Shingarkin charged the funds were either stolen by Minatom officials ordiverted to projects more lucrative than improving the security ofRussia's nuclear facilities. Although 40 percent of Russia's nuclearstorage sites have received U.S. assistance to upgrade security, newsecurity systems have been installed in only 20 percent of facilities.Shingarkin and other whistle- blowers blame this on embezzlement and redtape within Minatom.
To attract attention to the problem, Shingarkin and Mitrokhin earlierthis year easily broke into two high-security sites where Minatom storesspent nuclear fuel and radioactive materials. Shingarkin said theyclimbed through gaps in metal fences and got close enough to be able tosteal enough mildly radioactive waste to make a "dirty bomb" but did notencounter any guards along the way.
"There is no question that . . . terrorists, if they so desire, caneasily reach places where Russian plutonium is stored," Mitrokhin said. return to menu
F. Russian Scientists
1. Russian Science's Comeback
Valery N. Soyfer
Wall Street Journal
August 30, 2002
(for personal use only)
It has become commonplace in the West to speak about a deep crisis inRussian science in the last 10 years, and indeed there are problems. Buta recent tour of Moscow and Novosibirsk I took with colleagues fromGeorge Mason University has convinced me that things are changing forthe better.
The emigration of up to 400,000 Russian scientists to the rich West aswell as Asian and Arab states and the attraction of better-paying jobsin business have both helped deplete the talent pool over the pastdecade. The sharp decline in state financing since the collapse of theUSSR also hurts. Those scientists who stay behind find themselves indifficult straits.
Yet efforts to stem the decline seem to be paying off, at last. In thelast decade, the EU and U.S. financier George Soros launched severalprograms, with Mr. Soros alone spending more than a quarter billiondollars to found the International Science Foundation (ISF) and itssuccessor the International Soros Science Education Program (ISSEP). Amajor goal was to teach Russian scientists how to apply for grants andget funds for research. More than 100,000 scientists have received ISFand ISSEP grants and many scientific conferences were organized. Thishelped better prepare Russian scientists to compete for funds abroadand, best of all, gave them good incentives to stay put to workproductively at home.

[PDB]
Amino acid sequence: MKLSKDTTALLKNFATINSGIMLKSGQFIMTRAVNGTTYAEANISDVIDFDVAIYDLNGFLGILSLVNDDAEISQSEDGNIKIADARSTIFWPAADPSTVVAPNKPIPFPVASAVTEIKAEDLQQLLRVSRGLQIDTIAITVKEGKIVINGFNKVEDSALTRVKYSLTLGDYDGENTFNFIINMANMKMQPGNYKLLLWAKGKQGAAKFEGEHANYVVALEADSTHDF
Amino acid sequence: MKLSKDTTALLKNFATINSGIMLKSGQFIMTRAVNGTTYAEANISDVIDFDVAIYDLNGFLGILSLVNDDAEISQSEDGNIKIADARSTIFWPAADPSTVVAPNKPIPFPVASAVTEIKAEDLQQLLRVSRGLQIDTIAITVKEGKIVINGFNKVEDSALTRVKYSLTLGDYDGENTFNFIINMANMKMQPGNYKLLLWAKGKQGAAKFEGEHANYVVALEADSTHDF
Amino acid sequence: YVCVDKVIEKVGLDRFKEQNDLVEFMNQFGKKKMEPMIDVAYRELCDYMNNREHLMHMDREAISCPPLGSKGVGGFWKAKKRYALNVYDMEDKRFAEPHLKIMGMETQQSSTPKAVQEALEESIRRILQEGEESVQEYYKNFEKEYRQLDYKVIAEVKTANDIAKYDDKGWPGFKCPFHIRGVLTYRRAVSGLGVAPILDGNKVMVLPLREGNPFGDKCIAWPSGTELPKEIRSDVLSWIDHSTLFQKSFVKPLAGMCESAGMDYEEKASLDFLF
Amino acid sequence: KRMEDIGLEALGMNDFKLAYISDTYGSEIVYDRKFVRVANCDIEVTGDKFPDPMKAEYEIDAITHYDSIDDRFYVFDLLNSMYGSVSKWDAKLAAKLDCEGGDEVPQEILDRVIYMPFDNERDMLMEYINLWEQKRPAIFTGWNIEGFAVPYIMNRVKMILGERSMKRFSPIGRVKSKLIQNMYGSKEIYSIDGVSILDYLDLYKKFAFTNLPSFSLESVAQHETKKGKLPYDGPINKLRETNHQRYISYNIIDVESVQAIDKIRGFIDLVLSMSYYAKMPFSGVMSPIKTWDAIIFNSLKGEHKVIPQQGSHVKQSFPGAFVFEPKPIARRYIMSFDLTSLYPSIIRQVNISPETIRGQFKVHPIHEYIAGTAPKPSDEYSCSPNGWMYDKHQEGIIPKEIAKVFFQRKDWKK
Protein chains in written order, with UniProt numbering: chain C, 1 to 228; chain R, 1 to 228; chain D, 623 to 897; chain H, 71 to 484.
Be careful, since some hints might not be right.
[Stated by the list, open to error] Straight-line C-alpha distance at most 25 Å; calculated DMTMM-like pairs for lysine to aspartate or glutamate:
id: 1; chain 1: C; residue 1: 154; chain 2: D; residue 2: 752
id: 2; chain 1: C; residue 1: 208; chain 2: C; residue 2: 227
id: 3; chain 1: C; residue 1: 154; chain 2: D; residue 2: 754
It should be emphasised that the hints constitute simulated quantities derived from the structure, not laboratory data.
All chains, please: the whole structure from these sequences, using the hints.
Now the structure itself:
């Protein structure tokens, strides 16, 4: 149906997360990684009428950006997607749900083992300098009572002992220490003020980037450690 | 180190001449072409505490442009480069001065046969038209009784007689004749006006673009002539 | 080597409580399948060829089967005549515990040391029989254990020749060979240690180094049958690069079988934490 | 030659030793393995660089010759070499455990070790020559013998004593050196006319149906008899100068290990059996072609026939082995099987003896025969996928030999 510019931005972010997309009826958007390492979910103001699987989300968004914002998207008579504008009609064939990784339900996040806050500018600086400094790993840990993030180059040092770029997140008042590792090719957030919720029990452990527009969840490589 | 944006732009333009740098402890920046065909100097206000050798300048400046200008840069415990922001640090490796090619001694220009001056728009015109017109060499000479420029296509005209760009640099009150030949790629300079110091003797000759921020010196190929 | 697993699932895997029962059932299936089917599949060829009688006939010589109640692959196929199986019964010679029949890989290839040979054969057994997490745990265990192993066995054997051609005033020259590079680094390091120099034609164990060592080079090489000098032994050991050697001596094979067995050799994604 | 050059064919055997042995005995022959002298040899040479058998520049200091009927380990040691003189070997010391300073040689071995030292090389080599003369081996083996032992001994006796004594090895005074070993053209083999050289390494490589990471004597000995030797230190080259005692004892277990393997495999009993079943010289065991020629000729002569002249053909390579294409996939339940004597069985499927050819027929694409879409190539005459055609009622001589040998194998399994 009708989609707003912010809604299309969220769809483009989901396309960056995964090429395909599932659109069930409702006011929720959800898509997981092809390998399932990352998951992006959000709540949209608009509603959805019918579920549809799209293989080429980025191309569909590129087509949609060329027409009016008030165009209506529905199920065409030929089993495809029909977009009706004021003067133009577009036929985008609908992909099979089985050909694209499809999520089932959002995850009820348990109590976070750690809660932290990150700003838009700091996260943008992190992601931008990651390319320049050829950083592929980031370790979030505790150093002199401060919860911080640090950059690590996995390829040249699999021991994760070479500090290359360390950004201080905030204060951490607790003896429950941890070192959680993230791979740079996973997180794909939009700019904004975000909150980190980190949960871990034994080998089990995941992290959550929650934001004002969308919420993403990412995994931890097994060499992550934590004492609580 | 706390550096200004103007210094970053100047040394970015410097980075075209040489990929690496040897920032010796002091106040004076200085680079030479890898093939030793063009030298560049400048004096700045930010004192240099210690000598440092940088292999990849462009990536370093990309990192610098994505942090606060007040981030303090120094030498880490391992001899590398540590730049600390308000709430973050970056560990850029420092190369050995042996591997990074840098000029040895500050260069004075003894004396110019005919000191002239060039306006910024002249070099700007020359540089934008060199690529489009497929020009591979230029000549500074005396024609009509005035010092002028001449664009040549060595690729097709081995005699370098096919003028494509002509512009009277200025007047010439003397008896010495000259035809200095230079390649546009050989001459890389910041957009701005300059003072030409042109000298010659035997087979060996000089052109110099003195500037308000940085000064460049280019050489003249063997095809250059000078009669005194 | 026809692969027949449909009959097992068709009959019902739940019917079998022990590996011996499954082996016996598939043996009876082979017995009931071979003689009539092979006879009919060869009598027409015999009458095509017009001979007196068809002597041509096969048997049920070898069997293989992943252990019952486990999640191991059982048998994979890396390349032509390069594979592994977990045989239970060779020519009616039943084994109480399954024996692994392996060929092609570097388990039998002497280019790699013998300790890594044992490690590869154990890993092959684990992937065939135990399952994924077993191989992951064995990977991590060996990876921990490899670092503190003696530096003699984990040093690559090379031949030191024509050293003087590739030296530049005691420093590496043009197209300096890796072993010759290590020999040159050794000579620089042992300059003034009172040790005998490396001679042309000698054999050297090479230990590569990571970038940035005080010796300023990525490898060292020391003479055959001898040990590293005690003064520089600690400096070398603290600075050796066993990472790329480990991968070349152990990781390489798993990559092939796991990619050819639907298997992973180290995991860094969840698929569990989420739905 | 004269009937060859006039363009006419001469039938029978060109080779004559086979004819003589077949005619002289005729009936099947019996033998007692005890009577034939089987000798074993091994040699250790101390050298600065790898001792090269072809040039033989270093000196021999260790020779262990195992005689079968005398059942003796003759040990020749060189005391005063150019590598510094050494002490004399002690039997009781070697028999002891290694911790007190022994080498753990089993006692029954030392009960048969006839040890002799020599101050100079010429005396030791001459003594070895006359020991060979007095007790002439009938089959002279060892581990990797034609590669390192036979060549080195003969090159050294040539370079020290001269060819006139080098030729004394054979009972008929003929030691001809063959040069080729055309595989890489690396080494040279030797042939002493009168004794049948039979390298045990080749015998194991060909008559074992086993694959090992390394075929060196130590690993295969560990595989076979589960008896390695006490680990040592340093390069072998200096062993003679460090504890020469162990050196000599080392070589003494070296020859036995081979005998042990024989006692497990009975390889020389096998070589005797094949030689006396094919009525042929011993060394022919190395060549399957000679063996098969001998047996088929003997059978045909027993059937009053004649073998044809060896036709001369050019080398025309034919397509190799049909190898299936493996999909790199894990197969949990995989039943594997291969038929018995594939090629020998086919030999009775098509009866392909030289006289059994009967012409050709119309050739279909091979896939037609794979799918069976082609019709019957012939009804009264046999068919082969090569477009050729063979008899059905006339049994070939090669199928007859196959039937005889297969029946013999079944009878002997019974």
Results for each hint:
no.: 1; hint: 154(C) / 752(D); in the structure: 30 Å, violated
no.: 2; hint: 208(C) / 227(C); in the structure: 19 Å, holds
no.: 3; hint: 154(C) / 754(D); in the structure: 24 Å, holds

At Novosibirsk State University and Moscow State University, the twoelite educational institutions, competition for places is on the risealong with applications, with roughly 10 students vying for one spot.Gifted young Russians are starting to realize they need a soundeducational background to succeed in a normal market economy, whichRussia is slowly becoming after the chaos of the Yeltsin years.
We derived a similar impression from our conversation with the directorsof two leading institutes of Akademgorodok, the special-built Sovietscientific town near Novosibirsk. The Institute of Cytology and Geneticslost a third of its 1,200 scientists after communism fell. "However,during the last four or five years we were successful in obtaininggrants from Russian and foreign granting agencies, and as a resultwithin the last two or three years we entirely restored the number ofscientists in our institute," says its director, Vladimir Shumnyi.
The Institute of Nuclear Physics, a leading research center, alsoreoriented its focus, Deputy Director Gennady Kulipanov told us. Duringthe Soviet period, he said, almost 80% of resources went to research and20% for industrial applications of the results. Now, four-fifths oftheir time is used to produce industrial equipment that is sold inChina, Japan, South Korea and even in the U.S., earning more than $20million a year. Last year they sold Western firms gigantic magnets andindustrial particle accelerators for radiation of polymers, thesterilization of mail, and the detoxification of wastes.
The same is happening in Moscow, St. Petersburg and other major cities.Why? Russian politics are more stable, boosting confidence in thefuture. If in the past the Soviet empire relied on a vast military andindustrial complex, now Russia should rely on the robust development ofa normal economy. Which, in turn, can't develop without modern science.It's hard to overestimate the importance of Western assistance inhelping to bring this about.
Mr. Soyfer is a distinguished professor at George Mason University. return to menu
G. Nuclear Fuel Transfer
1. US, IAEA Experts Check State Of Nuclear Fuel Delivered From YugoslaviaTo Russia For Processing
September 3, 2002
(for personal use only)
Representatives of the US Energy Department and experts of theInternational Atomic Energy Agency arrived in Dmitrovgrad, Russia'sUlyanovsk Region, Tuesday to inspect the state of the nuclear fuel sentfrom Yugoslavia to Russia for processing.
The press service of the state-owned Nuclear Reactor Research Institutetold RIA Novosti that the center has taken 800 kilograms of unusednuclear fuel, containing 48 kilograms of enriched uranium, forprocessing.
The fuel was produced for Yugoslavia at one of the Russian plants andits processing is part of an IAEA anti-nuclear terrorism program.
The experts are weighing the fuel (5,046 small cylinders) and areexamining uranium's enrichment degree. Then, the cylinders will bestored in containers under seals. They will be kept in the containersuntil the Research Institute needs the fuel for its research reactors.